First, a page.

|Publication number||US7465658 B2|
|Application number||US 11/411,430|
|Publication date||Dec 16, 2008|
|Filing date||Apr 25, 2006|
|Priority date||Oct 29, 2002|
|Also published as||US7034397, US20040092096, US20060258150, WO2004040642A1|
|Publication number||11411430, 411430, US 7465658 B2, US 7465658B2, US-B2-7465658, US7465658 B2, US7465658B2|
|Inventors||Ivo Raaijmakers, Pekka J. Soininen, Kai-Erik Elers|
|Original Assignee||Asm America, Inc.|
|Export Citation||BiBTeX, EndNote, RefMan|
|Patent Citations (14), Non-Patent Citations (3), Classifications (25), Legal Events (3)|
|External Links: USPTO, USPTO Assignment, Espacenet|
This application is a continuation of U.S. patent application Ser. No. 10/696,244, filed Oct. 28, 2003 now U.S. Pat. No. 7,034,397. Priority is claimed to U.S. Provisional Application No. 60/422,615, filed Oct. 29, 2002. Each of the priority applications is incorporated herein by reference.
This application is also related to U.S. Pat. No. 6,492,283, issued Dec. 10, 2002 and U.S. patent application Ser. No. 10/281,418, filed Oct. 25, 2002.
The invention relates to the manufacturing of integrated circuits, more specifically to the adhesion between metal films and diffusion barrier films.
In the current integrated circuit technology, metal films, such as aluminum films and copper films are used as conductors. In conjunction with the metal films, diffusion barrier films are used to avoid diffusion of the metal atoms into other areas of the integrated circuit, such as insulators or active areas, which would have a detrimental effect on the functioning of the circuit. A major problem with the prior art relating to the deposition of metal films on diffusion barrier films or the deposition of diffusion barrier films on metal films is a poor adhesion between the two types of films. In particular, when the second film is deposited by chemical vapor deposition (CVD), the adhesion is problematic. In some cases a deposited metal film may even form a discontinuous coating on a diffusion barrier due to the rapid surface diffusion of the metal. This is particularly problematic for copper films. Although copper is solid at the processing temperatures, the very high diffusion rate of copper atoms results in the formation of copper islands on the diffusion barrier. It seems that copper has high interfacial tension and it is difficult to keep copper in continuous film form.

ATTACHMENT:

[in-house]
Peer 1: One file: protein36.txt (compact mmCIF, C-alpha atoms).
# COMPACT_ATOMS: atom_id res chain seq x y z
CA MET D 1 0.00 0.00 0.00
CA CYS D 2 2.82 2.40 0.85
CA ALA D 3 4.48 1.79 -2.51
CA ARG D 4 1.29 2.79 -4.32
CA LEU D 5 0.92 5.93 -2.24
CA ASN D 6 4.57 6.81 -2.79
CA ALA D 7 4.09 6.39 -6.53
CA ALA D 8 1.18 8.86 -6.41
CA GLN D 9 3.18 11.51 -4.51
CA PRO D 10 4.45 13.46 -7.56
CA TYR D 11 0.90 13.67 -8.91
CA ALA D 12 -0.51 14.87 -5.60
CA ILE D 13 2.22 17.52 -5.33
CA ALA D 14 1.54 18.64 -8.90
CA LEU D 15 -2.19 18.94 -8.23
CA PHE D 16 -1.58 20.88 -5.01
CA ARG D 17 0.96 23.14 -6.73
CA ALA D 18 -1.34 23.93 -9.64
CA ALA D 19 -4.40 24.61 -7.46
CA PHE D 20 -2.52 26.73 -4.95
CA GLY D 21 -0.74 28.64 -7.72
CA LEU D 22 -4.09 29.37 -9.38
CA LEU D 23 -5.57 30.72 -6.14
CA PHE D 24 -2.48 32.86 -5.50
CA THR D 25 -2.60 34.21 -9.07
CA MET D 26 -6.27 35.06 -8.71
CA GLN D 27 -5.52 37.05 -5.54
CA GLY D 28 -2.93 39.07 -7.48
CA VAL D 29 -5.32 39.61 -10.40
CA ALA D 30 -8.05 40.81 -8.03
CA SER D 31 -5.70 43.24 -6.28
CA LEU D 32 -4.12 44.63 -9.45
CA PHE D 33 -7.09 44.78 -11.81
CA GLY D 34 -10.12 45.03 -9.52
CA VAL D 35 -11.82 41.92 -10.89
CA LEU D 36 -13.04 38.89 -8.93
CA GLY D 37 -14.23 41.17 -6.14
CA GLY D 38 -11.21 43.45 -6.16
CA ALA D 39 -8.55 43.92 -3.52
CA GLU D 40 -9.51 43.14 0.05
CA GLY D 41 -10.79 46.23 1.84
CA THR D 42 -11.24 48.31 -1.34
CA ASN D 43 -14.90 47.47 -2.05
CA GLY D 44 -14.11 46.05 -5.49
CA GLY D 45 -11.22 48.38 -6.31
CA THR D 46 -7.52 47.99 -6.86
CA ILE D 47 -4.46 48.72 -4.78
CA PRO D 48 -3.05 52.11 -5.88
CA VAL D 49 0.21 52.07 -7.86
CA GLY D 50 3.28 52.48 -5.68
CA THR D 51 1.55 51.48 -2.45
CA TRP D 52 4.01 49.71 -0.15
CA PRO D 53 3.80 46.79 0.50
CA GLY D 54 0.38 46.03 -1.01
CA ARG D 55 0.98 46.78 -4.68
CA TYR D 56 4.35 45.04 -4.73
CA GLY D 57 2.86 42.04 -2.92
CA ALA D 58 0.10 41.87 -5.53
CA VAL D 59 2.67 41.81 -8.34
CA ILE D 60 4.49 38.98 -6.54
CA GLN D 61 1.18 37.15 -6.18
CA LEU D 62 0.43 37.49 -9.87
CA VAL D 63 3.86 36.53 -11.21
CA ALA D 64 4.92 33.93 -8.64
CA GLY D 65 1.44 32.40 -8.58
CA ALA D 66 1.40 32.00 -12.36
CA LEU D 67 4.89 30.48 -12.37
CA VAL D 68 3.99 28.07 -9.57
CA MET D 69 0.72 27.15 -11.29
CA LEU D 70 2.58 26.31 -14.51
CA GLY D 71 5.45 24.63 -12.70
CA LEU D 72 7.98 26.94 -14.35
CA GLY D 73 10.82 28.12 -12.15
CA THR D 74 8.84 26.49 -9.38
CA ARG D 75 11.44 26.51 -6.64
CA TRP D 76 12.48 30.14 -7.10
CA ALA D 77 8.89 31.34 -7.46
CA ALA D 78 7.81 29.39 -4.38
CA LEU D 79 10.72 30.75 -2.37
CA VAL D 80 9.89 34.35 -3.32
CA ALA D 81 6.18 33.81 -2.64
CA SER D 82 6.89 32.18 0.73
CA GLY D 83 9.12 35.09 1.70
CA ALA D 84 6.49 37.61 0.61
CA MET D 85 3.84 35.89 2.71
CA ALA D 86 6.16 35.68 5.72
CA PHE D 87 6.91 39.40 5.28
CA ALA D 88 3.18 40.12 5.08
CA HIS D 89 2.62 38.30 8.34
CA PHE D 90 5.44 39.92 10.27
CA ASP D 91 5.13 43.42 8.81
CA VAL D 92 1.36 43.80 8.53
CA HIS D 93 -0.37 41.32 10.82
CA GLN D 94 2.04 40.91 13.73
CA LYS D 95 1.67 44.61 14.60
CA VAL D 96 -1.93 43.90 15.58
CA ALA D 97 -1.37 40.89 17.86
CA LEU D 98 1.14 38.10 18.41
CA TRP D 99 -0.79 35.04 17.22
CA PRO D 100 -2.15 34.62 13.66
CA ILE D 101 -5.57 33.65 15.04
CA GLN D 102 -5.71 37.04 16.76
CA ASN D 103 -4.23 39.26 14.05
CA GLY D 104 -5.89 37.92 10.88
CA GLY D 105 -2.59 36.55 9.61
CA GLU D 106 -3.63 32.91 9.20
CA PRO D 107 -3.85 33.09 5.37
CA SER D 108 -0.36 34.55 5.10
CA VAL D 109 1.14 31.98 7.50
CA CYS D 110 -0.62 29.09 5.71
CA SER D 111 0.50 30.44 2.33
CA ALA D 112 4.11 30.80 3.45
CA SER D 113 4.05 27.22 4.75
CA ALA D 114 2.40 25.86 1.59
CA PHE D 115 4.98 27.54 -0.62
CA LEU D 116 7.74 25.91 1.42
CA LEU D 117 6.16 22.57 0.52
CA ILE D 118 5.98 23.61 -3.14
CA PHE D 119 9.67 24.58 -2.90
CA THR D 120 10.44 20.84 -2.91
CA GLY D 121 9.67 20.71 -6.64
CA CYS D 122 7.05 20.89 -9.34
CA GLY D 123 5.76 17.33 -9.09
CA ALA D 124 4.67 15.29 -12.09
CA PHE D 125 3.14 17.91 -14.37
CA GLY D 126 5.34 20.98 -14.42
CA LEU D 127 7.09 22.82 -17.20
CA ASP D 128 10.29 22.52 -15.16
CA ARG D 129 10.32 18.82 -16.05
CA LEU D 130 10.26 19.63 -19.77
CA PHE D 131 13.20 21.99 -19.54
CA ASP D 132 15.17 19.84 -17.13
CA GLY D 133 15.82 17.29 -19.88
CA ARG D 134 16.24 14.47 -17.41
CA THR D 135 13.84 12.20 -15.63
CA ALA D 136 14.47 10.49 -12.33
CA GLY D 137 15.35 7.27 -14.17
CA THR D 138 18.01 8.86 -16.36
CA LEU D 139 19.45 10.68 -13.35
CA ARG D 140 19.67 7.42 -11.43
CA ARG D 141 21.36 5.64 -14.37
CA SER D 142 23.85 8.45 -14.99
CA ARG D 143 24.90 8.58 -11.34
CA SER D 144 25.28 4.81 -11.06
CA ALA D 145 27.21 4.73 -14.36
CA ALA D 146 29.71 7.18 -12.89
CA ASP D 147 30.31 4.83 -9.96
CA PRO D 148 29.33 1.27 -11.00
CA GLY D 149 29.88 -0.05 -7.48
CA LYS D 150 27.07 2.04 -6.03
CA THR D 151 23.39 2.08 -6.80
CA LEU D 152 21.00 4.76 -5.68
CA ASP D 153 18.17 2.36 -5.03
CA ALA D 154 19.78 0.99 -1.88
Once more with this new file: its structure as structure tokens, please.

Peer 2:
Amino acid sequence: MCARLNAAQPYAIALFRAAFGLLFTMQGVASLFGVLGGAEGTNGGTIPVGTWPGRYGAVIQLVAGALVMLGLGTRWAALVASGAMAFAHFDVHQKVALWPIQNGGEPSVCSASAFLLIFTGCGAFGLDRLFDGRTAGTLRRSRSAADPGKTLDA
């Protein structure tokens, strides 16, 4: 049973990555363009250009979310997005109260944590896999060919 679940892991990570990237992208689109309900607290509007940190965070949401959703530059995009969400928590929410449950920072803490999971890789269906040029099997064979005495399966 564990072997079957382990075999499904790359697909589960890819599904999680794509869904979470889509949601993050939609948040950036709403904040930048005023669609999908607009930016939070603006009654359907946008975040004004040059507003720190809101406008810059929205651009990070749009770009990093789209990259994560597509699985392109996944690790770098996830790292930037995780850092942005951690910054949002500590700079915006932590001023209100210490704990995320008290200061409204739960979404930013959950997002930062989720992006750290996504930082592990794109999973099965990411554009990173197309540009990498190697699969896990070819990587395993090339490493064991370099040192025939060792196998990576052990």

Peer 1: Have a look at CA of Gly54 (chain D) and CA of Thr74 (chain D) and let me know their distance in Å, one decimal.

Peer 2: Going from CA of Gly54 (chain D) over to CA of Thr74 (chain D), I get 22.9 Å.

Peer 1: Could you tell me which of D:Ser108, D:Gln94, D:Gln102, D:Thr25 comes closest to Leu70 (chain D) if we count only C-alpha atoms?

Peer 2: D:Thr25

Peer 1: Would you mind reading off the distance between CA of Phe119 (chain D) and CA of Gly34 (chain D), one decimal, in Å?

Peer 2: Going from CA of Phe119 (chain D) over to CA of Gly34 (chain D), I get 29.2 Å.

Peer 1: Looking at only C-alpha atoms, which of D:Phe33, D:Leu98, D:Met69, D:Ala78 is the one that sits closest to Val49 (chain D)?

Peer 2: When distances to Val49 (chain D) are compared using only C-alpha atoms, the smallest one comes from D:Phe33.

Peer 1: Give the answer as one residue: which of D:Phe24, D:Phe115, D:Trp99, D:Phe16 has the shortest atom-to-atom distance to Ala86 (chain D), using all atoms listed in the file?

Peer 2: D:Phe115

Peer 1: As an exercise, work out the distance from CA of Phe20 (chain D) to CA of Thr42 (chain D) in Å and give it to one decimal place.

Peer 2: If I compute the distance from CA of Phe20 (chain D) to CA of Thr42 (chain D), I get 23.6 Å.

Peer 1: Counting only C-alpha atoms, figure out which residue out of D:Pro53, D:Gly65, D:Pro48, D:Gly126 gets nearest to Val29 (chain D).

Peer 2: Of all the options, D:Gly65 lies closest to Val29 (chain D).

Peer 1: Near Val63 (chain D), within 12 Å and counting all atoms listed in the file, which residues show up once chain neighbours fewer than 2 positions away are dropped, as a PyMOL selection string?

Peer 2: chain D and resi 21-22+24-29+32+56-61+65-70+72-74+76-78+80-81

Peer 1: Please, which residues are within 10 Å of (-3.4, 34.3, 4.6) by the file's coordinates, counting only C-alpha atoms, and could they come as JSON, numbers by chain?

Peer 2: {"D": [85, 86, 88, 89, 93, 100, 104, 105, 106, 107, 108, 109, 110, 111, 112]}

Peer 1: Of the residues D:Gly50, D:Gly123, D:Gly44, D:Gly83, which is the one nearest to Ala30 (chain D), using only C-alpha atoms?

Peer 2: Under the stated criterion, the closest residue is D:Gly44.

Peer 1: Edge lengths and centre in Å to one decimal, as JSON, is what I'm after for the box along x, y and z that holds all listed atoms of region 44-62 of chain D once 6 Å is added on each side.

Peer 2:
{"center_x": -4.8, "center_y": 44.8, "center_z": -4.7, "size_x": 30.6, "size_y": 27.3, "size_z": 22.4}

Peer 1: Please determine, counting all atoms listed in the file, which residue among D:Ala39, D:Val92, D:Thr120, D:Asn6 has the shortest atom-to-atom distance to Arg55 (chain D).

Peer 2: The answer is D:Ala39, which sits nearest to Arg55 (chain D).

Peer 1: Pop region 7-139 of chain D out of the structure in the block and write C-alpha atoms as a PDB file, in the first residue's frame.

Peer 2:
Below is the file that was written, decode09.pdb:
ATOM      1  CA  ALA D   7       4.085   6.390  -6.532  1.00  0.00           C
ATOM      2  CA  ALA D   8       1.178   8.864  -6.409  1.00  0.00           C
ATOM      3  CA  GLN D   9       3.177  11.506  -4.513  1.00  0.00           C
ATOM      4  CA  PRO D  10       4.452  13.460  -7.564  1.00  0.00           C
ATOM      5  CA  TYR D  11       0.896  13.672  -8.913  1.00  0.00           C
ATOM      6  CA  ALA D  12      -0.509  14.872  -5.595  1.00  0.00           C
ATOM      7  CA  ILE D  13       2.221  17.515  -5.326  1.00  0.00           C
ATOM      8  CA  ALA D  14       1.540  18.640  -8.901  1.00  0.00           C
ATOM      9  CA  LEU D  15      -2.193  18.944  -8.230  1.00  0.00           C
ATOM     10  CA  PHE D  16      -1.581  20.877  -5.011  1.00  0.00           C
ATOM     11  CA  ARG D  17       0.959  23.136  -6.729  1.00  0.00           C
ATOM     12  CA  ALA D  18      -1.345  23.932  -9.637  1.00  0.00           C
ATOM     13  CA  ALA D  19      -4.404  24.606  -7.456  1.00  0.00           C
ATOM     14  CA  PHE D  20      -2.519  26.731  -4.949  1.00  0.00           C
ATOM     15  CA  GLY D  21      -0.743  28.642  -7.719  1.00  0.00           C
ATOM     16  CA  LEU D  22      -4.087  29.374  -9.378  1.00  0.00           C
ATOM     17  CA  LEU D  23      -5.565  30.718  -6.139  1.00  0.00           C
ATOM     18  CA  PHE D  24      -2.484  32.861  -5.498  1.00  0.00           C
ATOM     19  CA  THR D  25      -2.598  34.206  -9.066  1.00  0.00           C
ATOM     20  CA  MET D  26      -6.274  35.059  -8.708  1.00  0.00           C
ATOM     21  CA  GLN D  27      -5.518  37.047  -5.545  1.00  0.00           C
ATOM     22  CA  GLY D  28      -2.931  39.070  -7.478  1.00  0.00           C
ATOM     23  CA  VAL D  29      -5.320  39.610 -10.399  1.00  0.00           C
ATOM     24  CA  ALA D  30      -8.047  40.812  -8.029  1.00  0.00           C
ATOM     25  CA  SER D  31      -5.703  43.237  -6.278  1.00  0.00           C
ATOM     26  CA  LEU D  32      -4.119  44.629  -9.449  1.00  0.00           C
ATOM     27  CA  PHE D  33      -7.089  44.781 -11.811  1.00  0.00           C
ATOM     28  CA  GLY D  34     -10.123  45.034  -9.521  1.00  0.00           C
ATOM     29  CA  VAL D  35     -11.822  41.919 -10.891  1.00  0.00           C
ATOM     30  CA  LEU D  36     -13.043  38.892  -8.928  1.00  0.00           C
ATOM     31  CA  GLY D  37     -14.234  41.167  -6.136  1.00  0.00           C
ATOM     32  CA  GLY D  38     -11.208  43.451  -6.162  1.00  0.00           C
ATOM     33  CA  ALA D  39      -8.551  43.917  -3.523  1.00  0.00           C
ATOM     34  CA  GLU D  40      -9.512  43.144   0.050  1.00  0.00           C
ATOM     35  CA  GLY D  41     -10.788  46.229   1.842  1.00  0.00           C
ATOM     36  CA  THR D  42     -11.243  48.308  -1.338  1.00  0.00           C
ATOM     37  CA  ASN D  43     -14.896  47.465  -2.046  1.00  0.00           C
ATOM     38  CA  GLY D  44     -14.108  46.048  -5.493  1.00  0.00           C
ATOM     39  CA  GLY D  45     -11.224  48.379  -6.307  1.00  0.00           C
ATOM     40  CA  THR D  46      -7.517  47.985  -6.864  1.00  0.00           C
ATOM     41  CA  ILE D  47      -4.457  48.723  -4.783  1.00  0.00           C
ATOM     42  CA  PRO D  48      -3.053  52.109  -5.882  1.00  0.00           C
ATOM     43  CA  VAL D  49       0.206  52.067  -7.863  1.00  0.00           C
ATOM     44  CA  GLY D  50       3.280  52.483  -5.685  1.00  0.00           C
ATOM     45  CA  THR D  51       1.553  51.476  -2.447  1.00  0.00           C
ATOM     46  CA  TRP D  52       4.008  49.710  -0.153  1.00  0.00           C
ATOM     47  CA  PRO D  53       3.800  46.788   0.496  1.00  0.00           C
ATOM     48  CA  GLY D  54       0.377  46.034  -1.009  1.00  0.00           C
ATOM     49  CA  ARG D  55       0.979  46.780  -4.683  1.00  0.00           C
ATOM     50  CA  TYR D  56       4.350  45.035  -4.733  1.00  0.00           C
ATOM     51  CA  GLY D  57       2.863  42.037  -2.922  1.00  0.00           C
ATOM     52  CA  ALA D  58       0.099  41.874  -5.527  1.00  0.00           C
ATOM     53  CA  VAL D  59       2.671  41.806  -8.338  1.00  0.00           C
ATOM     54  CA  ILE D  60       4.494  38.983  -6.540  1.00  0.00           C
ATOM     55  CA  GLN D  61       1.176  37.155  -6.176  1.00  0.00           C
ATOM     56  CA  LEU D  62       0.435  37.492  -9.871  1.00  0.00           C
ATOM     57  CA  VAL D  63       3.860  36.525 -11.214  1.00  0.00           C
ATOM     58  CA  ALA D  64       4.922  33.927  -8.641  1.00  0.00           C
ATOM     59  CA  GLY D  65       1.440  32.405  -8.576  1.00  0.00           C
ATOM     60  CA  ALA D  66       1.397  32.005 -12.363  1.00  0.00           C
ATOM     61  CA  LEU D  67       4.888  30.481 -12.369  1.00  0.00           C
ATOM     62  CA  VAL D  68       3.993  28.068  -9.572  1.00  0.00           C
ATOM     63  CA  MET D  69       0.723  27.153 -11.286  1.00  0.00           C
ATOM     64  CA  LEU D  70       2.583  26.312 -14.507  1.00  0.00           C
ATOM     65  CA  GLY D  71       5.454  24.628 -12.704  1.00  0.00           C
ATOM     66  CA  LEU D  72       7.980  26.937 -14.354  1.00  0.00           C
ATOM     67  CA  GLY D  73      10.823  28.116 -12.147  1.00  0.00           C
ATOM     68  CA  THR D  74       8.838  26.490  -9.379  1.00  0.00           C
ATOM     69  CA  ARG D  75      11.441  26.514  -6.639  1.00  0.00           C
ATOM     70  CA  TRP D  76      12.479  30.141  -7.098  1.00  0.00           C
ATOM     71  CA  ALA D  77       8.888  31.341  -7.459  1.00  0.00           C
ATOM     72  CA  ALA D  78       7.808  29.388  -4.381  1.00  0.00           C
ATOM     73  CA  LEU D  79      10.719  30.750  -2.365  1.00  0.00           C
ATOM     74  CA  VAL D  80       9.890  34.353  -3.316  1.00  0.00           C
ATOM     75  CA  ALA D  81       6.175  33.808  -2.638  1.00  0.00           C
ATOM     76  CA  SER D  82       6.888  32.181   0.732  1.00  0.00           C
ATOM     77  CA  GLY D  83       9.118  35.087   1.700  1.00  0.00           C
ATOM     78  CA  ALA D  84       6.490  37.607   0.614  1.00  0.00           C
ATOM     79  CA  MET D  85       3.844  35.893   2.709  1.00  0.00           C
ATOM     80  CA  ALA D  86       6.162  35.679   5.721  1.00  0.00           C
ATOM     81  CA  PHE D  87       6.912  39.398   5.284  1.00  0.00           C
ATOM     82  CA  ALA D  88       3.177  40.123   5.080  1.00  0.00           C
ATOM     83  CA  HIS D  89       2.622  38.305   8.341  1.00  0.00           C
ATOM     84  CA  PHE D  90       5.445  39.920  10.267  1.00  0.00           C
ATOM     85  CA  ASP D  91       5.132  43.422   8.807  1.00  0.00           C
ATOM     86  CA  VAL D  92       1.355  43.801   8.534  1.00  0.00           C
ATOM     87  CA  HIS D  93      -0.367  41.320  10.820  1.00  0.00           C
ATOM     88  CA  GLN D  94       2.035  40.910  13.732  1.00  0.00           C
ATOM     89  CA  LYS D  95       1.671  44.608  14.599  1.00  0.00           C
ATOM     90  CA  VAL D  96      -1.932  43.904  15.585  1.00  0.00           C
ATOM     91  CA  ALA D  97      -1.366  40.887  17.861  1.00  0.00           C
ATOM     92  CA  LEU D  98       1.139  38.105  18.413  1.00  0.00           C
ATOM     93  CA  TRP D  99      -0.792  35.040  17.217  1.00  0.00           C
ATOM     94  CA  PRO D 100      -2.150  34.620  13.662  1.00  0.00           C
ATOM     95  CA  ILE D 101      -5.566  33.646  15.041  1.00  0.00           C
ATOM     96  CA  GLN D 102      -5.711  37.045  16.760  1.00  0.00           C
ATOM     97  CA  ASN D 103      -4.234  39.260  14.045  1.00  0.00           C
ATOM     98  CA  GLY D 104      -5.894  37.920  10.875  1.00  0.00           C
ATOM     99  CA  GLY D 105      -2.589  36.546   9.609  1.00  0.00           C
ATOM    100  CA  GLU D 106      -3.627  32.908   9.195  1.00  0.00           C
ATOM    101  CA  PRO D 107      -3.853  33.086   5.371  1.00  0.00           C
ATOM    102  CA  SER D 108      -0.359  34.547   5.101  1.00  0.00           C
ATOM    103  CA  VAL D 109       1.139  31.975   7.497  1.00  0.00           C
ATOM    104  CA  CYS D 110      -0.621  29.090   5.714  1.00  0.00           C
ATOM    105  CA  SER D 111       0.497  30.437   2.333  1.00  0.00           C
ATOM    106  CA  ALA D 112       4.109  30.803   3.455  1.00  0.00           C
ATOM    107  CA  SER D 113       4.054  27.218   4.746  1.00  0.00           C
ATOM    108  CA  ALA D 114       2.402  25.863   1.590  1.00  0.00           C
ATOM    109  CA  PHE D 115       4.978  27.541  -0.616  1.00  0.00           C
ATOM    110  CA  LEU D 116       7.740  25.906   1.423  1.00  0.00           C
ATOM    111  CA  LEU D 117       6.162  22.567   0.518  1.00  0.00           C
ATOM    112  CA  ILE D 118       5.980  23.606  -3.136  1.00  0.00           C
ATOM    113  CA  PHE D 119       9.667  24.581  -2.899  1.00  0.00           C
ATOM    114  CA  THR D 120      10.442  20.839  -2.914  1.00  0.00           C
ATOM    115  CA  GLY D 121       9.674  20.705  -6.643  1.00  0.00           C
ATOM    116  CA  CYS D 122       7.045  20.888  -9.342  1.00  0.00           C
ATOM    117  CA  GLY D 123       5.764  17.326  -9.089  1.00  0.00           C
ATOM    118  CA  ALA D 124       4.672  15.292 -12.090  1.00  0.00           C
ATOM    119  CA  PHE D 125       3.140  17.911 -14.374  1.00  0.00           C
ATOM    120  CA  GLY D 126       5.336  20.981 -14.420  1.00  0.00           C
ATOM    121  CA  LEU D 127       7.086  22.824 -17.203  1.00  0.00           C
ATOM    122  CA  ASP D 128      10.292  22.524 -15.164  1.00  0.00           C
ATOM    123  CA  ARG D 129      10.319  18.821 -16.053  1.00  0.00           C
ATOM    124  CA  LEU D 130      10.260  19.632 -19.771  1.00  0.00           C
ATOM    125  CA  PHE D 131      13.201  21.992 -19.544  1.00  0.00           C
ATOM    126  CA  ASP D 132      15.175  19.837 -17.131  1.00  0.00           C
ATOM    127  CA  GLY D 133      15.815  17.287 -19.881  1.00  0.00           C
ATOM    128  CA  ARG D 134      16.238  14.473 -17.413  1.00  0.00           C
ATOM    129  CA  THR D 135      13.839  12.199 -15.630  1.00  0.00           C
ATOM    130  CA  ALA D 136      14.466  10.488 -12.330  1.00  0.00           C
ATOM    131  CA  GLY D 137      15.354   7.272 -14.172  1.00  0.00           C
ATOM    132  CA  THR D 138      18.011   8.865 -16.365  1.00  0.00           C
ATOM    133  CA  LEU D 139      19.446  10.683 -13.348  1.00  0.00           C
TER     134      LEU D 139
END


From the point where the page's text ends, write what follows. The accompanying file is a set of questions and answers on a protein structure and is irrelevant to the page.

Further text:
There have been different types of solutions to the adhesion problem. Srinivas Gandikota et. al. teach in a U.S. Pat. No. 6,362,099 that the barrier surface must be completely free from the presence of oxygen atoms because, according to Gandikota et. al., an oxidized barrier surface causes poor adhesion of copper to the barrier. Even when the interface is kept completely free of oxygen, the adhesion of a copper film onto a diffusion barrier film is not always adequate.
Thick layers of barrier metal oxides, such as TiO2 and Ta2O5, may also cause problems because uncontrolled oxidation of diffusion barriers forms metal oxides that have low density.
It is known that thick copper oxide layers cause adhesion problems because copper oxides are rather soft and they delaminate easily under mechanical stress. Failures in techniques known in the art are possibly caused by the uncontrolled growth of a relatively thick copper oxide layer at the diffusion barrier/copper interface.